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Performance, Identity, and the Neo-Political Subject

Edited by Fintan Walsh, Matthew Causey

Routledge – 2013 – 274 pages

Series: Routledge Advances in Theatre & Performance Studies

Purchasing Options:

  • Add to CartHardback: $140.00
    978-0-415-50965-7
    April 5th 2013

Description

This book stages a timely discussion about the centrality of identity politics to theatre and performance studies. It acknowledges the important close relationship between the discourses and practices historically while maintaining that theatre and performance can enlighten ways of being with others that are not limited by conventional identitarian languages. The essays engage contemporary theatre and performance practices that pose challenging questions about identity, as well as subjectivity, relationality, and the politics of aesthetics, responding to neo-liberal constructions and exploitations of identity by seeking to discern, describe, or imagine a new political subject. Chapters by leading international scholars look to visual arts practice, digital culture, music, public events, experimental theatre, and performance to investigate questions about representation, metaphysics, and politics. The collections seeks to foreground shared, universalist connections that unite rather than divide, visiting metaphysical questions of being and becoming, and the possibilities of producing alternate realities and relationalities. The book asks what is at stake in thinking about a subject, a time, a place, and a performing arts practice that would come ‘after’ identity, and explores how theatre and performance pose and interrogate these questions.

Reviews

"Imparting momentum to the dialogue between theory and practice, the volume triangulates performance, subject, and neoliberalism to repoliticize the reliance on ‘identity politics’ in theatre and performance studies…Performance, Identity, and the Neo-Political Subject scrutinizes an interpretive crisis in theatre and performance studies, and provides a remarkable rethinking of the modalities of subjection engaged by performance." --Hana Worthen, Barnard College, Contemporary Theatre Review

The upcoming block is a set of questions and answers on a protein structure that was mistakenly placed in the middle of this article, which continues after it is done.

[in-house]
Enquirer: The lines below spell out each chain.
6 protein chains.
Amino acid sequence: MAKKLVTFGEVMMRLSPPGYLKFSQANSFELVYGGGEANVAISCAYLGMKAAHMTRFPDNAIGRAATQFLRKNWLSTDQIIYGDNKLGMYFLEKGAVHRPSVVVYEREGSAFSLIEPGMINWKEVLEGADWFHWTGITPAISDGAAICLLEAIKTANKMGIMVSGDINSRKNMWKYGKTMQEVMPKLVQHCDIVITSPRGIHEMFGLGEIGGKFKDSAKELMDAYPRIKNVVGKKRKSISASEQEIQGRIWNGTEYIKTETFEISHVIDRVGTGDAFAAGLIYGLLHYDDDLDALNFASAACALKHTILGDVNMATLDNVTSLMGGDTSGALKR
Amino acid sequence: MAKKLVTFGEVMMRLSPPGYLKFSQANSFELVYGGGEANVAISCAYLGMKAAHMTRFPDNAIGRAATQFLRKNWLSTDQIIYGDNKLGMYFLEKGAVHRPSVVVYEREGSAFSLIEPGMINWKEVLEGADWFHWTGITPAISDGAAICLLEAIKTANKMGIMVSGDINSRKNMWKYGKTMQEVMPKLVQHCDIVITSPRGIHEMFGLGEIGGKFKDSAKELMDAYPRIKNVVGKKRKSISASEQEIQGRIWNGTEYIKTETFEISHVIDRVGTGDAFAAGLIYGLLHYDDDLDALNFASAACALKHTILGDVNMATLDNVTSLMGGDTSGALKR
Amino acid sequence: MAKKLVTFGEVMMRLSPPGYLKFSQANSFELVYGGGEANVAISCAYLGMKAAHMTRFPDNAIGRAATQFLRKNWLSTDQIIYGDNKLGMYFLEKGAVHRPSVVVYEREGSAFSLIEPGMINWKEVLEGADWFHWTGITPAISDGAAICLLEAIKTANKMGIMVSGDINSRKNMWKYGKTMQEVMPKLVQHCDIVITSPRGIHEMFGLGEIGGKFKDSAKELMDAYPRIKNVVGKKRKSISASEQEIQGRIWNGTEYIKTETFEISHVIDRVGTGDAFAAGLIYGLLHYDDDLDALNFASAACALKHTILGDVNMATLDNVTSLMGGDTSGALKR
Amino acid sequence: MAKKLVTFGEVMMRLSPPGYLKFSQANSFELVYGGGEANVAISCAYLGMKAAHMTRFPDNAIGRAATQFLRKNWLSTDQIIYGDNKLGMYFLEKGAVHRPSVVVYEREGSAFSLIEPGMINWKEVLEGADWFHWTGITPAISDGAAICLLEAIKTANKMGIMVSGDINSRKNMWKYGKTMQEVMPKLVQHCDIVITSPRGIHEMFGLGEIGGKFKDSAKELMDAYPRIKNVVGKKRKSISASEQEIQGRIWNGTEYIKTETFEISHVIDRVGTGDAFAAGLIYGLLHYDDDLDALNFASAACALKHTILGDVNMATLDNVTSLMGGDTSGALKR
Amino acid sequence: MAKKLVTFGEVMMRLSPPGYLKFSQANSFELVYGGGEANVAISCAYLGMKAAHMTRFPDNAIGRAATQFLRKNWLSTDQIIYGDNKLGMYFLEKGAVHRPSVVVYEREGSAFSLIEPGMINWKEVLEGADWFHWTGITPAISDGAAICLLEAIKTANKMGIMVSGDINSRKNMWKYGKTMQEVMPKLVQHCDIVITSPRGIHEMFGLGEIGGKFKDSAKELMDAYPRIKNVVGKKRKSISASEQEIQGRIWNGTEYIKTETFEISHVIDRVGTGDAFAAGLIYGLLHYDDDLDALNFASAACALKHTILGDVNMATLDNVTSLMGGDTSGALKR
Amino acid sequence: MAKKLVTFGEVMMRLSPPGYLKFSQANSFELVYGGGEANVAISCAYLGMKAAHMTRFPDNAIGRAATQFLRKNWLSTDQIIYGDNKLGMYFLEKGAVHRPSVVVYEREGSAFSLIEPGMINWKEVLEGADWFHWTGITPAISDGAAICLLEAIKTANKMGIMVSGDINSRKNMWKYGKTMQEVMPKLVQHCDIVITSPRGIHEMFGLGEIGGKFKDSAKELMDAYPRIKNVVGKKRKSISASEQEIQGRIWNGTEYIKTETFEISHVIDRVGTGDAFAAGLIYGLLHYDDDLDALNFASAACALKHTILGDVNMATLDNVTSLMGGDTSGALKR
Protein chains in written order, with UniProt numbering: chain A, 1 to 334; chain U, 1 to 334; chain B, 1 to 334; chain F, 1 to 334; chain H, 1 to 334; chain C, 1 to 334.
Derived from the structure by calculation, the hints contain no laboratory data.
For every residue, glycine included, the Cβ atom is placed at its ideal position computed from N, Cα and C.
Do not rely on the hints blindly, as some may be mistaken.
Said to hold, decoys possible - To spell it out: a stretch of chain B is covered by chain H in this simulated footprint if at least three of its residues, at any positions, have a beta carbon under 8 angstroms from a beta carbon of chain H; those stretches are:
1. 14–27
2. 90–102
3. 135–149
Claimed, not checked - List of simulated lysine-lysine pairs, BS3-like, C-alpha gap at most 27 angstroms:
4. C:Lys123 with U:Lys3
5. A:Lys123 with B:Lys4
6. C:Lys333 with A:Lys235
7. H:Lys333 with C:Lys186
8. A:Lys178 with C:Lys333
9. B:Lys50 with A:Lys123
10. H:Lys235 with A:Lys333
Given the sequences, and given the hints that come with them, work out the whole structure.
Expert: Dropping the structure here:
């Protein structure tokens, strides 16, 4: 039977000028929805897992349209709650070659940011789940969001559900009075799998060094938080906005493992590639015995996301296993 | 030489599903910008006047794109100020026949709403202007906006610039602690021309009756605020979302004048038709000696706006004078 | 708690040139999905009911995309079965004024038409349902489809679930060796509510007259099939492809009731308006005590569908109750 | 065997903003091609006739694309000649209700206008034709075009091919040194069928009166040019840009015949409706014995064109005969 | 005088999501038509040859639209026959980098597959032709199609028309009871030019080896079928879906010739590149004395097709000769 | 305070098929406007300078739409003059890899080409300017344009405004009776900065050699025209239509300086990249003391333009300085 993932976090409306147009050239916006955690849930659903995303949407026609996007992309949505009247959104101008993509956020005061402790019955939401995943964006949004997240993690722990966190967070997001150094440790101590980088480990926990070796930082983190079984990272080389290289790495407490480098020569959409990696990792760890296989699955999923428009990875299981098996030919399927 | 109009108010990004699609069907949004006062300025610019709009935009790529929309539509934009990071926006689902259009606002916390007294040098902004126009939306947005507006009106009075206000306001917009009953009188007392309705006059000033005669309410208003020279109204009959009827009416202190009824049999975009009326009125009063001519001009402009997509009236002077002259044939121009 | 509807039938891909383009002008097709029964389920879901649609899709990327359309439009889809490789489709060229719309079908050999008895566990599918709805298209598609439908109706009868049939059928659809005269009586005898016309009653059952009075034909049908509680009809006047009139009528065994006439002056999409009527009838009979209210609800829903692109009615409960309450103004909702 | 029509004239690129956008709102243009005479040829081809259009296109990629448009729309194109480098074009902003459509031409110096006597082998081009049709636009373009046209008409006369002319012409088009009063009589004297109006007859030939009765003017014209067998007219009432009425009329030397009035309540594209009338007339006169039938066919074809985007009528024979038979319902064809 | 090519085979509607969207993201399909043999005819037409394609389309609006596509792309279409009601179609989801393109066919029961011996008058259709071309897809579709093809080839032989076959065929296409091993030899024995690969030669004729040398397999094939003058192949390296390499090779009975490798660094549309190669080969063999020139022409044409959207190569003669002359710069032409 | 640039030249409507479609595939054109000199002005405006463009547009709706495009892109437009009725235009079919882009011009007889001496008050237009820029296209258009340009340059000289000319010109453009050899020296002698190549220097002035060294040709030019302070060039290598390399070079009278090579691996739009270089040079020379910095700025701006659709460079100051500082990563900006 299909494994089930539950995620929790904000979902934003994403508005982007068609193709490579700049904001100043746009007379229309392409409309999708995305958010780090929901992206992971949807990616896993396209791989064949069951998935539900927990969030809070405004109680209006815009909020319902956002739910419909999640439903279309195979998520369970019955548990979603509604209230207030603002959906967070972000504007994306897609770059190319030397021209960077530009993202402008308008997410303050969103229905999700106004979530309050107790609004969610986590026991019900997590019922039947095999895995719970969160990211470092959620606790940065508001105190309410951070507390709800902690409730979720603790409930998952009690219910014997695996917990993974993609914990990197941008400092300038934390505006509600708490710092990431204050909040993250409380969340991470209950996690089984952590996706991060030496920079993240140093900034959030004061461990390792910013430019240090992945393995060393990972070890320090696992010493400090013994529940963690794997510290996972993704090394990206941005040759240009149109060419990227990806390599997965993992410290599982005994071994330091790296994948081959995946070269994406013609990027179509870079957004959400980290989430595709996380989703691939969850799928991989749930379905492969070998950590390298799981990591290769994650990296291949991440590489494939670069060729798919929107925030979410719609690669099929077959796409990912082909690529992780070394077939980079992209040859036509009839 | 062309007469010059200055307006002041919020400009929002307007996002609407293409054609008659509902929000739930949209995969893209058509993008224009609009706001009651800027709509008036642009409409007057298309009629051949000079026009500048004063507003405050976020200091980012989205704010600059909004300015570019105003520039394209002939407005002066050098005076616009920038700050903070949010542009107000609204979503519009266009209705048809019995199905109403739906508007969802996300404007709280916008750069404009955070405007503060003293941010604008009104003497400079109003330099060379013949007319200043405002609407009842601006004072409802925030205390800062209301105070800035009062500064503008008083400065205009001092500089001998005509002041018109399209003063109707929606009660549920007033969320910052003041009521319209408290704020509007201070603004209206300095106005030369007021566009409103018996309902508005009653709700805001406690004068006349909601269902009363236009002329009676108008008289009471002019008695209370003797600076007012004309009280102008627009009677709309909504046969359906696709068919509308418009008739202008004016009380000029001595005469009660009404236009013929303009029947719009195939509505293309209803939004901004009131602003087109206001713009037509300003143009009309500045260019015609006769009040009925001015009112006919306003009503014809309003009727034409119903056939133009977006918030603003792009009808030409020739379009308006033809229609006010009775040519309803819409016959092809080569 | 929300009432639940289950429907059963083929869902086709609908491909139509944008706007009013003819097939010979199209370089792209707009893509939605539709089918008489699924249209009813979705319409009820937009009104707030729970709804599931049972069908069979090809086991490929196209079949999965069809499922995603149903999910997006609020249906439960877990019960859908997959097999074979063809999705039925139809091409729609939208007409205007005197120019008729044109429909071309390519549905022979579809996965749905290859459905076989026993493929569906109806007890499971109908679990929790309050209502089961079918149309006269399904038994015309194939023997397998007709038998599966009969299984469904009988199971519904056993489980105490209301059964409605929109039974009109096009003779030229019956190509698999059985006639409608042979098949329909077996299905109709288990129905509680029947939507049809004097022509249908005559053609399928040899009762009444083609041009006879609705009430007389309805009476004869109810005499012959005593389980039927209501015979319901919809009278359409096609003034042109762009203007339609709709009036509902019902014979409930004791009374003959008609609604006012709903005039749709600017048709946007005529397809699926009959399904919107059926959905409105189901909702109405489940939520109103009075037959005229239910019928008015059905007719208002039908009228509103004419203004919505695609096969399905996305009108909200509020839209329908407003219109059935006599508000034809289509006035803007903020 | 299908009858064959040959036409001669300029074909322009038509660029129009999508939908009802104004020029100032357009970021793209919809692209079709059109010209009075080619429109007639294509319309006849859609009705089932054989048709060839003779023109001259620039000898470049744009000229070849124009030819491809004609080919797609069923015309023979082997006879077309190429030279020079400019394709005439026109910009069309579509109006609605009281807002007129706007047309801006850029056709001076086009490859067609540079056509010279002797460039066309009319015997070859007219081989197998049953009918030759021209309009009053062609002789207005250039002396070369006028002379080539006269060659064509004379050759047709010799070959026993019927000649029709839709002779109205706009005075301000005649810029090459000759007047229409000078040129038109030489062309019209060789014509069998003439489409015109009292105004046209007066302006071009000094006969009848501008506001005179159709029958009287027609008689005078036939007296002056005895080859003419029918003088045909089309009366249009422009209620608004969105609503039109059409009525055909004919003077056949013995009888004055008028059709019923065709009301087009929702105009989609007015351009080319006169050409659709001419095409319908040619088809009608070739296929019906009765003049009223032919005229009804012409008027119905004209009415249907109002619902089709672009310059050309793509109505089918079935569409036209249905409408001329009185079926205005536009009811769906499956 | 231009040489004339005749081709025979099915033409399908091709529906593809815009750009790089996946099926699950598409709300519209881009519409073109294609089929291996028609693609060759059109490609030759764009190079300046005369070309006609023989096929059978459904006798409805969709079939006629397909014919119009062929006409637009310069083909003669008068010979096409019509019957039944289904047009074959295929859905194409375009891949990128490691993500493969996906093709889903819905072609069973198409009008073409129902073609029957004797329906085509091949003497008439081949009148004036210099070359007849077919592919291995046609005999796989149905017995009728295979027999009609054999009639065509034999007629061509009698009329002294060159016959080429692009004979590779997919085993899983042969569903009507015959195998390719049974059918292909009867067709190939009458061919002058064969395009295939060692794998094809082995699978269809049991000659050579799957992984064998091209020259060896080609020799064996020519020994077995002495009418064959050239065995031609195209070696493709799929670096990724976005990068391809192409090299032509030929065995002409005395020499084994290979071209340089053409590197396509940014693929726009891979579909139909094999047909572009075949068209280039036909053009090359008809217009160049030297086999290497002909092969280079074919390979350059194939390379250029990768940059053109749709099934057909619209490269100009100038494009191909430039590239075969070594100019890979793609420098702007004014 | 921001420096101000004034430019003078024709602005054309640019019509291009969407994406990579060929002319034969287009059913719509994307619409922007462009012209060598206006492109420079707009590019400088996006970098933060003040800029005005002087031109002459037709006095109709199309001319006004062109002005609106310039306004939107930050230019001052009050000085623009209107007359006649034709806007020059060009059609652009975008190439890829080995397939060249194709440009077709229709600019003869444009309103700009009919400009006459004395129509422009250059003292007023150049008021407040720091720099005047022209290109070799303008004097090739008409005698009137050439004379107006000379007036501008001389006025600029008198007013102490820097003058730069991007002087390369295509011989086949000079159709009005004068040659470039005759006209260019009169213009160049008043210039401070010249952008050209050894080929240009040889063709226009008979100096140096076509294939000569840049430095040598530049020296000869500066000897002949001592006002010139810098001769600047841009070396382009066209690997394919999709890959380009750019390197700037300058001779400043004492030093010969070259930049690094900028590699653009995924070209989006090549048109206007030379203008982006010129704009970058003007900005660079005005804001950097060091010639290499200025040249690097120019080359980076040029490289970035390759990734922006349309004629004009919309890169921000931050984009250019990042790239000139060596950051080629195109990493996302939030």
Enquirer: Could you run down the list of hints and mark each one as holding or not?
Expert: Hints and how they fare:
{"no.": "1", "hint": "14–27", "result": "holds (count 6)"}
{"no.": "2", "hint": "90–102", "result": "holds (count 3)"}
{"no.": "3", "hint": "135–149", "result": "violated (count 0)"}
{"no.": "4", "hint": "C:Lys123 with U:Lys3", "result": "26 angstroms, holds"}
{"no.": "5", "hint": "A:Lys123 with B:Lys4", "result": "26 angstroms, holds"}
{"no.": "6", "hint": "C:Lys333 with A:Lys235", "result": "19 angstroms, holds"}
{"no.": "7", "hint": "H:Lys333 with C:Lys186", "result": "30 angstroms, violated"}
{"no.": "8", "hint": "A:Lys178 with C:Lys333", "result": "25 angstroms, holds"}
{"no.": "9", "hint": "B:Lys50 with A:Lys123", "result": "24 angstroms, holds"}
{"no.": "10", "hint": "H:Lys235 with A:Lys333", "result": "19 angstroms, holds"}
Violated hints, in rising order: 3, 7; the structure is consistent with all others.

Contents

Introduction: Performance, Identity, and the Neo-Political Subject Matthew Causey and Fintan Walsh Part I: Positioning the Neo-Political Subject 1. Bloody Thought Herb Blau 2. ID/entity: the Subject’s Own Taking Place Matthew Causey and Gabriella Calchi Novati Part II: A/Semiotic Directions 3. The Theatre of Thought Patricia MacCormack 4. Performance, the Field Body, and Zombies in Societies of Entrainment David Fancy 5. The Fugitive Theatre of Romeo Castellucci: Intermedial Refractions and Fractalactic Occurrences Bryan Reynolds and Adam Bryx 6. The Post-subjective Body, Or Deleuze and Guattari Meet Romeo Castellucci Audronė Žukauskaitė Part III: Collaborative Practice, Collective Action 7. A Diluted Manifesto Lin Hixson, Matthew Goulish, and Laura Cull 8. Being Janez Janša’ Maaike Bleeker 9. The Bone’s Pirouette: Dance, Identity and Energy Petra Kuppers 10. Dance and the Event: John Jasperse’s Giant Empty and the Disclosure of Being as Time Nigel Stewart Part IV: Performing Along and Outside the Borders of Identity 11. Temporary Legitimacy: Queer Possibilities in Digital Performance Stephen Greer 12. Affective Presents/Effective Presence: Intensity, Futurity, and the Theatrical Politics of the Child Joshua Abrahams 13. The Matter of Queer Politics and Ethics: Antony Hegarty and The Crying Light Fintan Walsh 14. Reflective Viewing: ORLAN’s Hybridized Harlequin, Banksy, Bacon, and the Animal-Human Divide Jennifer Parker-Starbuck 15. Palestine and Political Invention Maurya Wickstrom

Author Bio

Matthew Causey is Associate Professor in the School of Drama, Film and Music at Trinity College Dublin, Ireland

Fintan Walsh is Lecturer in Theatre and Performance Studies at Birkbeck, University of London, UK

Name: Performance, Identity, and the Neo-Political Subject (Hardback)Routledge 
Description: Edited by Fintan Walsh, Matthew Causey. This book stages a timely discussion about the centrality of identity politics to theatre and performance studies. It acknowledges the important close relationship between the discourses and practices historically while maintaining that theatre and...
Categories: Performance Theory, Theatre & Performance Studies, Political Sociology